When the battery dies in an artificial pacemaker, the patient has to go under the knife to get a replacement. Not for much longer, perhaps, as scientists have developed a flexible energy-harvesting device (pictured here on a cow’s heart) that converts the movement of organs into electrical energy, which is then stored in a rechargeable micro-battery. The device relies on thin ribbons of a man-made compound called lead zirconate titanate, which has a piezoelectric effect – meaning that it accumulates electrical charge in response to mechanical stress. When the bendy generator was tested in living cows, sheep and pigs, it generated enough juice to power a human pacemaker. For the moment, there are still concerns that the heart could be poisoned if the lead-containing compound leaks. But if scientists can find a non-toxic piezoelectric material with similar efficiency, the days of surgical procedures to change a battery may be numbered.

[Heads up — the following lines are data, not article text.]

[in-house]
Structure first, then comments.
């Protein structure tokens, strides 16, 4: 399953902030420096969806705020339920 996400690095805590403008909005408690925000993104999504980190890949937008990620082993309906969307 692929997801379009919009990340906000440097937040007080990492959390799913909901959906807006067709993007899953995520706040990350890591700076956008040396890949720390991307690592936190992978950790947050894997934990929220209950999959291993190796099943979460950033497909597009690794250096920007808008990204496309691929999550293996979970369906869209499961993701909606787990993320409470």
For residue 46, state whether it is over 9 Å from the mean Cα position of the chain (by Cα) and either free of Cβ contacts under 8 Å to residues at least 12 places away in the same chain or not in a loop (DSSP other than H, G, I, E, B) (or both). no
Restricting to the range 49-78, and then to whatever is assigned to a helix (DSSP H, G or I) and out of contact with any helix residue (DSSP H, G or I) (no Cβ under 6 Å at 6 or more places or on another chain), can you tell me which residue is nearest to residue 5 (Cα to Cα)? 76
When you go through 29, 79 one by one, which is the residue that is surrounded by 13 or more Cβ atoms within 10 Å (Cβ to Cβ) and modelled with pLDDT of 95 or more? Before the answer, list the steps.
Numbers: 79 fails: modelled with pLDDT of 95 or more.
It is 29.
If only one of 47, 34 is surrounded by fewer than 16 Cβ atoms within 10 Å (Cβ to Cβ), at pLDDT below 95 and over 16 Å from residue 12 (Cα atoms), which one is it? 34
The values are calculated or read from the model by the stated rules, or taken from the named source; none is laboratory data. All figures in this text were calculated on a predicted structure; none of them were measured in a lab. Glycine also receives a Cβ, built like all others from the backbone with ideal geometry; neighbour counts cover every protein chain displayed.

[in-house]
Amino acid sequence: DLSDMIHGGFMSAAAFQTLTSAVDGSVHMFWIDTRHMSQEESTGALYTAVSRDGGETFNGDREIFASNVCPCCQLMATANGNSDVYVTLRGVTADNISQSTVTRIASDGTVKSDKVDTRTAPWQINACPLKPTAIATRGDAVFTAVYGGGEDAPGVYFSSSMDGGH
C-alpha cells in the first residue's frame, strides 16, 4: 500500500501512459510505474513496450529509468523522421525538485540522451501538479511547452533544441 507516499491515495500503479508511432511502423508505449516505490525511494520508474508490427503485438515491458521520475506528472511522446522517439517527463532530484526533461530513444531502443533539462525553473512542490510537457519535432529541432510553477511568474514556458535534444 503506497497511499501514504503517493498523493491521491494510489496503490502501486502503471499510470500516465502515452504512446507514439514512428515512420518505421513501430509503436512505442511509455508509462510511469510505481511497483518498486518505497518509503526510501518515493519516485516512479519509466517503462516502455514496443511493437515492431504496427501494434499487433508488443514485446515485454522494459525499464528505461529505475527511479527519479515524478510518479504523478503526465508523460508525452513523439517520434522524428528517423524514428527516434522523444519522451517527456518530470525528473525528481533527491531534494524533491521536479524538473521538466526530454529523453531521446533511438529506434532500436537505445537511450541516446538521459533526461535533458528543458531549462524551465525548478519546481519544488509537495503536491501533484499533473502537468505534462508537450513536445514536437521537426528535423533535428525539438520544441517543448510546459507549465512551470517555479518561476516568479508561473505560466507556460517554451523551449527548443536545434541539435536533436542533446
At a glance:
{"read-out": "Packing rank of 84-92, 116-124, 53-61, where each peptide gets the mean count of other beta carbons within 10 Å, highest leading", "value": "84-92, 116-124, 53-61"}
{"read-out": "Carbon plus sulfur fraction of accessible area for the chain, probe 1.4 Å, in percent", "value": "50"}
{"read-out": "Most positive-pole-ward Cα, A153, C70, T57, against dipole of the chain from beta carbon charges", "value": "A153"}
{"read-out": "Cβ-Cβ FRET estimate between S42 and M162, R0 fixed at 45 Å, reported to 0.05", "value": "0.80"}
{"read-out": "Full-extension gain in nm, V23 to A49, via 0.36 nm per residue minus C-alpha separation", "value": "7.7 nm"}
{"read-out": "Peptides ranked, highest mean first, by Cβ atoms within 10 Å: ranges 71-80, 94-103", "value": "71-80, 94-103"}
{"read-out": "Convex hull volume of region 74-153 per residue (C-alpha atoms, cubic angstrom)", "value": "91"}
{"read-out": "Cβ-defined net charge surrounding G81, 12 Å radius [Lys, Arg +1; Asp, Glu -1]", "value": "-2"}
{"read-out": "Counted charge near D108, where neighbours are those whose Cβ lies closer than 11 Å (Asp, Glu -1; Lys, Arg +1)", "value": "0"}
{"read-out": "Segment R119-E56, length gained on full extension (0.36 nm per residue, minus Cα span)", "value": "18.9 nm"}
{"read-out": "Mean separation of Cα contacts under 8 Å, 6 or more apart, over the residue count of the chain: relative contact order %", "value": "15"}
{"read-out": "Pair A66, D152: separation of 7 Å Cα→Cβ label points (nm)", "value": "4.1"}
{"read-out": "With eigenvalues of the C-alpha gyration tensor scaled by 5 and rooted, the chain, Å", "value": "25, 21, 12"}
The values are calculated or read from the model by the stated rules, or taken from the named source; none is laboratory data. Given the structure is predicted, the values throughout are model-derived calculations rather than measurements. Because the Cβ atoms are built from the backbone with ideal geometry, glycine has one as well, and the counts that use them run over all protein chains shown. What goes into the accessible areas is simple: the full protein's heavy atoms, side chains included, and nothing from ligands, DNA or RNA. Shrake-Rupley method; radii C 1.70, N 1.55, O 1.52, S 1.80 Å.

BPoD stands for Biomedical Picture of the Day. Managed by the MRC Laboratory of Medical Sciences until Jul 2023, it is now run independently by a dedicated team of scientists and writers. The website aims to engage everyone, young and old, in the wonders of biology, and its influence on medicine. The ever-growing archive of more than 4000 research images documents over a decade of progress. Explore the collection and see what you discover. Images are kindly provided for inclusion on this website through the generosity of scientists across the globe.
BPoD is also available in Catalan at www.bpod.cat with translations by the University of Valencia.